While Xerxes is the main male protagonist, I would argue that he isn’t the true hero of the story. Jehovah is. Kasia and Esther are the heroines, and the damsel in distress is Israel.  God’s core objective (both in the novel and the biblical account) is to save His people. God’s authority, might, and love for His children is evident throughout the novel, triumphant over the powers of darkness which seek to destroy God’s chosen. Spiritual warfare plays a large role in this story, and reading about Kasia’s and Modecai’s faithfulness in prayer urged me to be more diligent in my own prayer life.

Likewise, Kasia’s struggle to serve Jehovah wherever and however He wills may be fictional, but the emotional portrayal is realistic; contentment is a lesson I often grapple with, and I found inspiration in her obedience to God. The characters’ emotional and spiritual journeys are relatable and encouraging, as they grapple with grief, betrayal, jealousy, and loss. In exploring these timeless themes, White brings the past to life, enriched by the weaving throughout of fascinating historical details.

While it’s never described graphically, another major theme is sexuality, depicted from the perspective of blessing within marriage, and painful consequences if it’s misused, as is shown in two separate cases of adultery. Parents may wish to read first.

Once again, Roseanna White delivers a rich story that encourages as much as it entertains. Even though I knew how the story ends, I couldn't put it down. I recommend it to anyone who enjoys Bible-set fiction and novels with elements of spiritual warfare.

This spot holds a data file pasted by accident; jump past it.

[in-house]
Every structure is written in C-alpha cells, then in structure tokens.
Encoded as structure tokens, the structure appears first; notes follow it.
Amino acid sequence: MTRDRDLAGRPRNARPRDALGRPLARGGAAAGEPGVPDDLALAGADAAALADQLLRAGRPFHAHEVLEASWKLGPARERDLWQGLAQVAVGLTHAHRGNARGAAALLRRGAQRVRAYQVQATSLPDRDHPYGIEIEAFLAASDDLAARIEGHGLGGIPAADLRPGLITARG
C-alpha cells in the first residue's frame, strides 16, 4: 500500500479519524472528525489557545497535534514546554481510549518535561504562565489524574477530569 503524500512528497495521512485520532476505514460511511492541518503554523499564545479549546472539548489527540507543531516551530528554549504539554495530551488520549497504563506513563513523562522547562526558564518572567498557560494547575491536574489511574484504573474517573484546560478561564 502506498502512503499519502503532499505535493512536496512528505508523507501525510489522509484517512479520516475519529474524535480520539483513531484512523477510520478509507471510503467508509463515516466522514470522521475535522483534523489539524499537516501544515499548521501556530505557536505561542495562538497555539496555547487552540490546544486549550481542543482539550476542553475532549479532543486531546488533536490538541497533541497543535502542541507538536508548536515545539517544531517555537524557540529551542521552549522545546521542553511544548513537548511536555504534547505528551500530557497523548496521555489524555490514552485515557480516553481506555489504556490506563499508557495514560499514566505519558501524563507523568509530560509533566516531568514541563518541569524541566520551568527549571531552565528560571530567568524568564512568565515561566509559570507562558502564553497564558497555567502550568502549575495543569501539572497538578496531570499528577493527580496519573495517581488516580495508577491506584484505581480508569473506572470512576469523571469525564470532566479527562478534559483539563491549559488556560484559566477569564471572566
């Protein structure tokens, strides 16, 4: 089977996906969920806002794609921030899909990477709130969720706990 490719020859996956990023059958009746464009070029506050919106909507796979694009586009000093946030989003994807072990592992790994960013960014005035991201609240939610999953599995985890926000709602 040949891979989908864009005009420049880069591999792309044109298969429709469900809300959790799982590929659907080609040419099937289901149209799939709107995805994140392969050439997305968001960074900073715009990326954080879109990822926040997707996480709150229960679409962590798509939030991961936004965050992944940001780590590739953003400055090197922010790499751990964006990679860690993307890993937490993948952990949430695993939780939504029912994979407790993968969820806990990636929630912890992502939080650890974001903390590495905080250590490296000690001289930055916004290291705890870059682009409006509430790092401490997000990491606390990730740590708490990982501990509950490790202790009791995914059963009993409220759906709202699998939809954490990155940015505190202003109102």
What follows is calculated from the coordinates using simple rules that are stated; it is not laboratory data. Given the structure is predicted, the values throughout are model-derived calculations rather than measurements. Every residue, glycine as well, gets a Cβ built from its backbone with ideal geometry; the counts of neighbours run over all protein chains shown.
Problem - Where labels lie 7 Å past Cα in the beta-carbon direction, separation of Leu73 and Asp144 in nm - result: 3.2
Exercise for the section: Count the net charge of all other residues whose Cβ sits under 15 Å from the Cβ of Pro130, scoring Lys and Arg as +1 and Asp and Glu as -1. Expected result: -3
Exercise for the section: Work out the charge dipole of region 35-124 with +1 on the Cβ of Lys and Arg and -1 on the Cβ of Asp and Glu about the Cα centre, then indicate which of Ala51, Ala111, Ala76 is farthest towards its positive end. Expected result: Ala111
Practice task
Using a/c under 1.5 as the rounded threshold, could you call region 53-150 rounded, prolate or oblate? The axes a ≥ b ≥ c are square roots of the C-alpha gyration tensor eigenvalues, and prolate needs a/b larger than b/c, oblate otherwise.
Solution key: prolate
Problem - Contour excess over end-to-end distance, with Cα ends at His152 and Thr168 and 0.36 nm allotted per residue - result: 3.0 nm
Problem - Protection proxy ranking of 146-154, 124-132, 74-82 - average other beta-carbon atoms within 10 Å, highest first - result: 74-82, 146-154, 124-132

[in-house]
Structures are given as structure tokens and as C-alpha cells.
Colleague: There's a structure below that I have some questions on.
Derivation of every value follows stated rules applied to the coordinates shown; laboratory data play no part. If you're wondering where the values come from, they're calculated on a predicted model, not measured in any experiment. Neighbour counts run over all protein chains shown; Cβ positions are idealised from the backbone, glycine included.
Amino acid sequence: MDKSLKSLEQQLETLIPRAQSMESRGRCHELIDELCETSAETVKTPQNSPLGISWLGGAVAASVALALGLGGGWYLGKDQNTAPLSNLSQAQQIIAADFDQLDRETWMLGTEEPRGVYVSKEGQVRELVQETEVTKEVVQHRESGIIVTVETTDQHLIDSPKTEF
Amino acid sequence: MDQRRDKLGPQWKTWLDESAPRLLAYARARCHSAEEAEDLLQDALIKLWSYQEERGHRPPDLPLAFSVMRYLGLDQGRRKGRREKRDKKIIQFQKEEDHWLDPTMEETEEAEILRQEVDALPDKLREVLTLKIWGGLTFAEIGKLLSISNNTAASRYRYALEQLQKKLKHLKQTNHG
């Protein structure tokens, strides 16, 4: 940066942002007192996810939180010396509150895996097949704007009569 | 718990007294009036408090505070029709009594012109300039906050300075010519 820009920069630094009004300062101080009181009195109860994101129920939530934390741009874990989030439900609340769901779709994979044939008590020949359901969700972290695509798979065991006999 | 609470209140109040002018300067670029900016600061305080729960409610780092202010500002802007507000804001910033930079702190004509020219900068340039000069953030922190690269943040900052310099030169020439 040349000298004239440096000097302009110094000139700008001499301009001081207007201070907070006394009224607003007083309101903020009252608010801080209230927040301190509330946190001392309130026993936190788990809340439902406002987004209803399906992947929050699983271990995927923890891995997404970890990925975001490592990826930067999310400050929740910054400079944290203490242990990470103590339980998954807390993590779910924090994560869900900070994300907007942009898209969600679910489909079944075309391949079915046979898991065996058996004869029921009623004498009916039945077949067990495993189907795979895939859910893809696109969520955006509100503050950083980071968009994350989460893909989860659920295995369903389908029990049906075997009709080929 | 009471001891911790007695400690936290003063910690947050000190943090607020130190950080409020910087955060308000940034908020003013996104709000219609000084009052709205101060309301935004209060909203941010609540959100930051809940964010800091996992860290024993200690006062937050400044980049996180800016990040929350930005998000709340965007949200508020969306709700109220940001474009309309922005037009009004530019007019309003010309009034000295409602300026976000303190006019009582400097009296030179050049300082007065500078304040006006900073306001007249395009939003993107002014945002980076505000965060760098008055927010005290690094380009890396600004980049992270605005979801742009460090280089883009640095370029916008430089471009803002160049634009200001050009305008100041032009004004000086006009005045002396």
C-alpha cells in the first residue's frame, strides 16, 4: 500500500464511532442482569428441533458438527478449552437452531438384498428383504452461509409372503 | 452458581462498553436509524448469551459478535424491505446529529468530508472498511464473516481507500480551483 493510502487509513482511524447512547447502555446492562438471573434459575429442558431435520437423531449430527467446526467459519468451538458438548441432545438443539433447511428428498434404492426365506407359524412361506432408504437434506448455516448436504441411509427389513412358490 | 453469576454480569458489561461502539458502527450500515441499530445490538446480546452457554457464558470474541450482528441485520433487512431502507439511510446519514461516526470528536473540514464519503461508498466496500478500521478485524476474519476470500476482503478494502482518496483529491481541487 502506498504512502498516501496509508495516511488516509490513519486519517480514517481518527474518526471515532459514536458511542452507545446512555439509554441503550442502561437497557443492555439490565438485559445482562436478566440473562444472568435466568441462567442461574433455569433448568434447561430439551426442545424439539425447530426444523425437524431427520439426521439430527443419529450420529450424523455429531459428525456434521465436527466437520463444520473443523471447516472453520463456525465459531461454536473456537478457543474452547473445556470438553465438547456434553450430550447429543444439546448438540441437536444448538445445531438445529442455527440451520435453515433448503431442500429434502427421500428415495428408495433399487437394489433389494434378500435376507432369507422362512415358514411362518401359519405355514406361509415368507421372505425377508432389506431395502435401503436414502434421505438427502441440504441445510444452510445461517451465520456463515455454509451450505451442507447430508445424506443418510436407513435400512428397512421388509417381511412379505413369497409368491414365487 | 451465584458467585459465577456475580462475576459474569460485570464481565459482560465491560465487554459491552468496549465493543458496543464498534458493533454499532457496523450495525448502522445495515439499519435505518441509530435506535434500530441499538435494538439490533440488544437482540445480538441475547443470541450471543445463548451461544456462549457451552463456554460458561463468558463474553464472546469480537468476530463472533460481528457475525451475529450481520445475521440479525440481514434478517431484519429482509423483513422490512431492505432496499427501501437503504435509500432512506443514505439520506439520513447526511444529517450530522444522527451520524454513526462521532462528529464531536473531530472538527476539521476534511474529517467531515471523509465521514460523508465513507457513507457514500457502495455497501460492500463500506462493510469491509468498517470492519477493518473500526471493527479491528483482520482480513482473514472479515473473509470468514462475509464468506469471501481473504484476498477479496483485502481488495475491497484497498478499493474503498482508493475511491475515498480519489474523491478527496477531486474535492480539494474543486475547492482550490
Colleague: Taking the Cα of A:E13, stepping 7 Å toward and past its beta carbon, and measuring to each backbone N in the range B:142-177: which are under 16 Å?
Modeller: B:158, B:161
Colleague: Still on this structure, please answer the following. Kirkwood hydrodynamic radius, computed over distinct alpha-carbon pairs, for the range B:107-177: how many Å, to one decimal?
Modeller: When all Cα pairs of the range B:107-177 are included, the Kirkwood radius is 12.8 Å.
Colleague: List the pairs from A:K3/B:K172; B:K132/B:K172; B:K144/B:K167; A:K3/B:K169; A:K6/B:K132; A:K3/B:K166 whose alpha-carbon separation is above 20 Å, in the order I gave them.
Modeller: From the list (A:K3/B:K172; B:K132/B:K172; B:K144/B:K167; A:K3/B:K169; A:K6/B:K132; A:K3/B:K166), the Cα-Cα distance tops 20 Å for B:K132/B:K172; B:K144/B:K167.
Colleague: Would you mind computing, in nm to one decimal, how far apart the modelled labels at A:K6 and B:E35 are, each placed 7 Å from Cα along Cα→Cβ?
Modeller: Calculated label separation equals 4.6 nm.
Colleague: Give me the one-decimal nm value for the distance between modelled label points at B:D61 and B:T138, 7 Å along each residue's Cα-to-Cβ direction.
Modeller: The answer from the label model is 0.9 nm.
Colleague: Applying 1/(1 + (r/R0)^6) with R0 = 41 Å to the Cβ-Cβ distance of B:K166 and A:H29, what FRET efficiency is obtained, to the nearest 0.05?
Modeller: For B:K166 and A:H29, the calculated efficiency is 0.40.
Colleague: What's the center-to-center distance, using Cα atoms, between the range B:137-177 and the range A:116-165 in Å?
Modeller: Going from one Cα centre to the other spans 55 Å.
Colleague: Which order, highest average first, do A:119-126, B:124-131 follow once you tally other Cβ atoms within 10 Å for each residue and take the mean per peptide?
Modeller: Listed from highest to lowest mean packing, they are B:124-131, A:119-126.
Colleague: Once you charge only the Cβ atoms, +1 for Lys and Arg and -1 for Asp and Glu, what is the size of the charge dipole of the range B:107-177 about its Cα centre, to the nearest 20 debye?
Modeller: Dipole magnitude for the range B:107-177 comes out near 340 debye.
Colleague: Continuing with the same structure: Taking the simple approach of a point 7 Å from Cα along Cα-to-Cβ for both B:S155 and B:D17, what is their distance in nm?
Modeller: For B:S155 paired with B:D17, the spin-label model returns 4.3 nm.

Visit Roseanna at her website, and contact her for significant discounts on group purchases for book clubs.  Jewel of Persia is also available on Amazon.

A copy of this novel was provided by the publisher for the purpose of my review. No favorable review was expected or required.

4 comments:

Jessica Nelson said...

That story sounds soooo good, but I'd have trouble reading it just because it irks me that Xerxes is sleeping with other women. *sigh* I'm so Western.
But still, the cover is amazing and it sounds like White did a wonderful job with the story. Thanks for the review! I don't think I've ever heard of this author before.

Jeanette Levellie said...

Sounds intriguing! I love stories about Esther, since that's our daughter's name. Thanks for the review,
Jen

Susanne Dietze said...

I was irked with Xerxes too, Jessica! It's not a comfortable concept to a lot of us. But I reminded myself that God used Xerxes' polygamy--placing Esther into the court of women and leading Xerxes to marry her--to save Israel. Still, I'm very glad we don't continue in that tradition. :-)

Roseanna's a great writer. She has a new book coming out next year (am I getting this right?). I'll be sure to let you know when.

Thanks so much for coming by, Jessica. Can't wait to have you and your new book on my blog!

Susanne Dietze said...

Hi Jeannette! Esther is a gorgeous name. No wonder you enjoy Esther stories! Roseanna's Esther is such a sweet-spirited young lady, too. I liked her quite a bit. I imagine the real Esther was quite a brave, gentle spirit too.

Thanks for coming by.